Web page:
For Your Own Good: Google in Cahoots with a Federal Agency


Look, Google is a private company and can do what it wants with its property, including things that might alienate its customers. Earlier this month, Google launched its new "Medication Search" feature. The new feature is a partnership with the National Institutes of Health. So now if you search for a particular drug by brand name, Google will display government drug information pages at the top showing what the drug is, its side effects, dose and administration directions, and any dietary instruction.

For example, I googled Prilosec and, yes indeed, the NIH PubMed page is at the top. Personally, I often turn to PubMed for such information, but pharmaceutical company information is also very user friendly. According to VentureBeat, Google stands to make more money from ads using this system:

You will also notice, when you search for the commercial names of drugs (as opposed to the generic), there is almost always a text advertisement in the right-hand sidebar for that drug and a yellow sponsored link box above. So, for Lipitor, you get a link to where you can buy the medication online. This appears to be a huge opportunity for the search giant to bolster its pharmaceutical advertising business.

The assumption is that better drug information will beget more drug-related queries, and therefore more opportunities to advertise medications to a wider audience. Doing some quick math based on how much of online advertising budgets is spent on search ads, Greg Sterling of Search Engine Land says that Google stands to make as much as $426 million off of pharmaceutical and health-related search advertising.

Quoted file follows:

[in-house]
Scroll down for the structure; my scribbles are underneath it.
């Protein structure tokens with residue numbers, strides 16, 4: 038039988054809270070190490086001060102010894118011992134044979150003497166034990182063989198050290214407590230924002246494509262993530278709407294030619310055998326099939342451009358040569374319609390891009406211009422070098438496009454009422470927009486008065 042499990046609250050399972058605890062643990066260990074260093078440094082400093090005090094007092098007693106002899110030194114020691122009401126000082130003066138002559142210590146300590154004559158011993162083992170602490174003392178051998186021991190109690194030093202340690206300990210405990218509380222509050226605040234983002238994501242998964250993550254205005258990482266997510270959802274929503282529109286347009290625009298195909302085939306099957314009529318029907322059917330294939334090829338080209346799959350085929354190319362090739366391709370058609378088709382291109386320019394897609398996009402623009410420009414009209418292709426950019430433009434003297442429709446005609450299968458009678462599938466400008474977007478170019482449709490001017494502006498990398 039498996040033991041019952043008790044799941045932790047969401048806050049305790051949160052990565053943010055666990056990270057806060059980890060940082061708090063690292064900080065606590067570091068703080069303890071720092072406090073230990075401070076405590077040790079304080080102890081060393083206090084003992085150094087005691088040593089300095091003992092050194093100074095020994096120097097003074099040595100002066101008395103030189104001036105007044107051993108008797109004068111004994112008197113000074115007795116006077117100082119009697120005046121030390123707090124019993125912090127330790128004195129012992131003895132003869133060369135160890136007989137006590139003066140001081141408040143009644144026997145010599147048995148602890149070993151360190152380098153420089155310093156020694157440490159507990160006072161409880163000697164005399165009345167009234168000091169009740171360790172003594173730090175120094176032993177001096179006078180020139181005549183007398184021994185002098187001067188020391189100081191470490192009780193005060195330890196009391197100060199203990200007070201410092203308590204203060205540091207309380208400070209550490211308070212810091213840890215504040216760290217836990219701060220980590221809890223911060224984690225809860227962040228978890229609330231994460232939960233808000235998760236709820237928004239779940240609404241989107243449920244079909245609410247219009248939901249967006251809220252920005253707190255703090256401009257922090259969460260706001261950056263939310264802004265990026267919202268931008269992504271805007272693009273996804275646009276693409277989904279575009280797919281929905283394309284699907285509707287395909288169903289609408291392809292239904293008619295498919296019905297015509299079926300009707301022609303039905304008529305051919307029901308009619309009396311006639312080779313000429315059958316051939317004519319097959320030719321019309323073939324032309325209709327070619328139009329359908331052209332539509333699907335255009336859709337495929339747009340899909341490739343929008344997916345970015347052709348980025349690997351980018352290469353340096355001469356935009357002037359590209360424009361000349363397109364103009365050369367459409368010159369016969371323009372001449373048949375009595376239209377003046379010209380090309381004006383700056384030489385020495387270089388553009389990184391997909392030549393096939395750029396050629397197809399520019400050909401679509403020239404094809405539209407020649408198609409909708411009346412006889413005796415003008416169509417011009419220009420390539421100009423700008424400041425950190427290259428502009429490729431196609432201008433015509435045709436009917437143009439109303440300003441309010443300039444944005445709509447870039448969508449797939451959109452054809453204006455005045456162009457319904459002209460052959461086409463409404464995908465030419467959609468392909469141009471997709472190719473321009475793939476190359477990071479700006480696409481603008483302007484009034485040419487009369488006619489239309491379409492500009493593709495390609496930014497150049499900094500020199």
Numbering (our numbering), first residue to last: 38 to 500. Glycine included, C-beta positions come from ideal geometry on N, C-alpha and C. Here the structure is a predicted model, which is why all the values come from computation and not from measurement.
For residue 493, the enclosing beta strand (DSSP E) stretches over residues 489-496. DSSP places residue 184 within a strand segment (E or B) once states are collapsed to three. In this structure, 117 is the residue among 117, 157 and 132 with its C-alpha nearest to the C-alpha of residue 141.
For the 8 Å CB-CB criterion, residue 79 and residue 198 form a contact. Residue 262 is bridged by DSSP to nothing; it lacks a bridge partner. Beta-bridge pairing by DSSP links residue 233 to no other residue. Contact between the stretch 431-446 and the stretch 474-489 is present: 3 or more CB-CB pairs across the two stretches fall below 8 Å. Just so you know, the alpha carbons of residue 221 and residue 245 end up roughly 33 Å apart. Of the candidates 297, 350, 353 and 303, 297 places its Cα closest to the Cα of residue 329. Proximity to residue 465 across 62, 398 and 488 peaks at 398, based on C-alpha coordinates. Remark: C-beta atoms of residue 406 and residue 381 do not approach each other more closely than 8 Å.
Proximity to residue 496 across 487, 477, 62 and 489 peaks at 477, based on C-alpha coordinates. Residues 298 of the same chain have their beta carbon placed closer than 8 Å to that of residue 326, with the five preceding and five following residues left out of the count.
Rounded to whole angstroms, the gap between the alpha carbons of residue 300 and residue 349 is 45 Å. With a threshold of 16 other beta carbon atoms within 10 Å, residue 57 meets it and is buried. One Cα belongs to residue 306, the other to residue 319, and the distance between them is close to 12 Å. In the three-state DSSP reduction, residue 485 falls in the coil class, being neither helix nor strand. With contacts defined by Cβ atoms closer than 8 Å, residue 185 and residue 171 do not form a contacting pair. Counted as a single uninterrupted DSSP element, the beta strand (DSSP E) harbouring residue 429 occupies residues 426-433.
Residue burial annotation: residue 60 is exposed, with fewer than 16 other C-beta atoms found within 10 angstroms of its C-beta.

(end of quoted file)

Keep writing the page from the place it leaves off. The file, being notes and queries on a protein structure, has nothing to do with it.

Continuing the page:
And indeed the page showing the results of my search for Prilosec is decorated with ad links to numerous anti-acid treatments. On the other hand, Dave Anderson who runs Pharma SEM suggests that pharmaceutical companies should be concerned about the new feature:

From a pharmaceutical SEO [search engine optimization] perspective, and more importantly possibly from a pharmaceutical brand strategy perspective, this is not an ideal scenario for the pharma brand. Let's analyze the results for a Lipitor search displayed in the image above. Prior to yesterday, Lipitor held the #1 spot on Google search results for "Lipitor". With the new medication search feature rolled out, we are looking at Lipitor now being bumped to the #2 spot. What's the big deal? Well, the commonly stated statistic is that 46% of all search clicks come from the #1 position, while the #2 result will capture around 12%. For a branded search, which in my experience drives a vast majority of search traffic to the branded site, this could be fairly damaging to pharma brand promotion via SEO.

While I feel uneasy about future similar government Google "partnerships," I note that googling topics such as cocaine, renewable energy, nuclear energy, and climate change also produces searches with government agencies at the top or close to the top. I was happy to see that when I googled "free speech," that the Federal Elections Commission and the Federal Communications Commission were nowhere to be seen on the first page.